posted by XMLicious at 8:17 PM on January 12, 2012


If you're learning any of the five or six languages that it covers, I can't recommend highly enough WordReference as a dictionary. It's more comprehensive than pretty much any English-Foreignese dictionary I've seen online or in print, and it has many more recent coinages, slang words, idioms, and niche technical terms than other sources. It also has a full verb conjugator (at least for French and Spanish-- its other languages, I don't know). Finally, on the (impressively rare) occasion that it doesn't have your word, every search also pulls up any thread on its robust forum asking about the term. Totally indispensable, in my opinion. It's only online but if they offered it as a download I'd pay a pretty penny.
posted by threeants at 8:23 PM on January 12, 2012 [2 favorites]


Completely free, by the way, in case that last sentence threw you off.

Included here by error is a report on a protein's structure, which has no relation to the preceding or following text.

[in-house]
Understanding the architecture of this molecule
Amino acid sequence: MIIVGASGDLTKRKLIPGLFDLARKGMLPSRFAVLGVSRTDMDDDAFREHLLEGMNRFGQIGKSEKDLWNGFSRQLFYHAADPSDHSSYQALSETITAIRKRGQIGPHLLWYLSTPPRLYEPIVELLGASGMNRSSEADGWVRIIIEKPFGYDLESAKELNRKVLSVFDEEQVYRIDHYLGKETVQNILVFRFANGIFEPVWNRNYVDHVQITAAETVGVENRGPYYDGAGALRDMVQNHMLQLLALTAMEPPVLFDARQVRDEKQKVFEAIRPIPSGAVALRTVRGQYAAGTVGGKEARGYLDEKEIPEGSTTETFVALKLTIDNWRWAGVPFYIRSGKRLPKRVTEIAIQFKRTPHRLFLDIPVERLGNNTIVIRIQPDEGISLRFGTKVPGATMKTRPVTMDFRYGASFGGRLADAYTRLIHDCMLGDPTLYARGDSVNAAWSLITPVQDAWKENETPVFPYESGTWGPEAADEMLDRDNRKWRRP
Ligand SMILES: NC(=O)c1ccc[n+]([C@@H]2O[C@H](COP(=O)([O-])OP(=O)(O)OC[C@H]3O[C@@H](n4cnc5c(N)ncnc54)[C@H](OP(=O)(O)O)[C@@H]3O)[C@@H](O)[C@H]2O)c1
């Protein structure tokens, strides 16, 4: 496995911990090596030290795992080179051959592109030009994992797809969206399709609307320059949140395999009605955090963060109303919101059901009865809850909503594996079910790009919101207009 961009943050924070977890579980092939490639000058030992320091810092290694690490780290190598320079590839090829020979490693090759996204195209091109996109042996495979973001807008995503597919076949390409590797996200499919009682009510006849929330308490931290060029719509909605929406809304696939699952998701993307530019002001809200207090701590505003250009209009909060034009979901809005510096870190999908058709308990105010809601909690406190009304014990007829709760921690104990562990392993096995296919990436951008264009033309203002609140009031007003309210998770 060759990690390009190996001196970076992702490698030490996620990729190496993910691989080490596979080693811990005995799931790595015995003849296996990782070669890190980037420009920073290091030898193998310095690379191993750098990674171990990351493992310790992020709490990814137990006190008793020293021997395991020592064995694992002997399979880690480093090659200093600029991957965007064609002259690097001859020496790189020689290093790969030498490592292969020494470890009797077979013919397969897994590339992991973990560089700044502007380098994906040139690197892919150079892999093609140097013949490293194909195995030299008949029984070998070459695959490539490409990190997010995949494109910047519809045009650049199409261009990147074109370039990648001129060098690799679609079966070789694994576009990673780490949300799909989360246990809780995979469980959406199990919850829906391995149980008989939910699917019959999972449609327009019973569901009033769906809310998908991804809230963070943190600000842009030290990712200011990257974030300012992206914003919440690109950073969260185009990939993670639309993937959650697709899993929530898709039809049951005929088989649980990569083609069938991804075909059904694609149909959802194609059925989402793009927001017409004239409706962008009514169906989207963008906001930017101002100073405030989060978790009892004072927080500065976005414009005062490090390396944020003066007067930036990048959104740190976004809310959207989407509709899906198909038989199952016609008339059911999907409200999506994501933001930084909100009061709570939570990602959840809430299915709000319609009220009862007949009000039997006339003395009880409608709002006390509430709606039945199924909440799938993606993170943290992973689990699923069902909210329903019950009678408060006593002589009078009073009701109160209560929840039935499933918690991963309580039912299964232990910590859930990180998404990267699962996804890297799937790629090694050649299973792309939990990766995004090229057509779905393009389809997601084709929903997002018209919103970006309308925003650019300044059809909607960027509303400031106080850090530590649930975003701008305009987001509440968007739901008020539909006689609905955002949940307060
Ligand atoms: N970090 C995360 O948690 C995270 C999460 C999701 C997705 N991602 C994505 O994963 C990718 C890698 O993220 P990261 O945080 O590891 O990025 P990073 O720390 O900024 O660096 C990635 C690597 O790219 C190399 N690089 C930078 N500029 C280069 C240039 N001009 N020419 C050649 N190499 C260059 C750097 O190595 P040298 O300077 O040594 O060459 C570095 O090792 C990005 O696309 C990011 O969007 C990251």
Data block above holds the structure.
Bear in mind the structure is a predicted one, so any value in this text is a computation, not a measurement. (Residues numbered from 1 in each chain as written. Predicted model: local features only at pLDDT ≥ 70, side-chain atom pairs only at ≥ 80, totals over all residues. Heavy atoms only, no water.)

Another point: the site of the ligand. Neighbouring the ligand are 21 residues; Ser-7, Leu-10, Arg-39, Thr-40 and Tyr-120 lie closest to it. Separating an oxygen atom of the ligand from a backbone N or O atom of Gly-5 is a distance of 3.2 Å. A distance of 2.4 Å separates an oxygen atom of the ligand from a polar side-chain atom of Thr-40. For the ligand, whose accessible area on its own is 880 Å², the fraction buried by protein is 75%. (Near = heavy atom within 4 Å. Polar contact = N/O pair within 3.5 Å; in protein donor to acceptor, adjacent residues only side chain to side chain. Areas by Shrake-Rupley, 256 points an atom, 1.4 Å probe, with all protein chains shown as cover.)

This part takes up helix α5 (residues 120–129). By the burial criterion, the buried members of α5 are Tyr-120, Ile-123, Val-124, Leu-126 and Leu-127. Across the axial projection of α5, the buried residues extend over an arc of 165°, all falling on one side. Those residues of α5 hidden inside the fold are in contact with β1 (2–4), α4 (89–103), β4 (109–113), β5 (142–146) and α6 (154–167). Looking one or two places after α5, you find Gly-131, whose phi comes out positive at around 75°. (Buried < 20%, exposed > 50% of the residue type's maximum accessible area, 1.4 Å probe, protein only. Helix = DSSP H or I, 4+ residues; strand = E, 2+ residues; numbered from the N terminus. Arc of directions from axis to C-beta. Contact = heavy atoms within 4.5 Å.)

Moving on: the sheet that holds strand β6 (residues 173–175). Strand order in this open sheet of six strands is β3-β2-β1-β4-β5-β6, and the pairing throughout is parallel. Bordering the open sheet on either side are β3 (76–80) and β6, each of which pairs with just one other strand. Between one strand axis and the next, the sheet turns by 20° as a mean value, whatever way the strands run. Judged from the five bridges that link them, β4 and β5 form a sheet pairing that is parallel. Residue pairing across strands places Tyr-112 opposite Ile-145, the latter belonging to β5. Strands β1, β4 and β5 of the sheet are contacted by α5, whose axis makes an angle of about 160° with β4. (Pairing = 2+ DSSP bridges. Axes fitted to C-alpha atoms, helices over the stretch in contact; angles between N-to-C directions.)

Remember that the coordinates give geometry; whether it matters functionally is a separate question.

posted by threeants at 8:24 PM on January 12, 2012


Destinos, available at the Annenberg site XMLicious linked to, is absolutely great, in a silly telenovela way.
posted by Monday, stony Monday at 8:44 PM on January 12, 2012


Seconding the French in Action and Destinos at the Annenberg site.

korean.sogang.ac.kr is the gold standard in online Korean, even if the site is horribly dated.
posted by holterbarbour at 9:50 PM on January 12, 2012 [1 favorite]


I absolutely LOVED working through BBC's Mi Vida Loca (for Spanish). It's an interactive mystery TV series. Funny, immersive, great acting, actually kind of suspenseful towards the end and the 'exercises' are so well integrated with the story that you barely notice you're learning. I think they have something similar (another interactive TV series) for Italian but I haven't tried it yet.
posted by lovedbymarylane at 10:03 PM on January 12, 2012


I like Laura K. Lawless' French Language Lessons on About.com. It works best for me in the form of an email delivery weekly and containing various articles. Probably best for reading, culture and grammar.
posted by rongorongo at 11:38 PM on January 12, 2012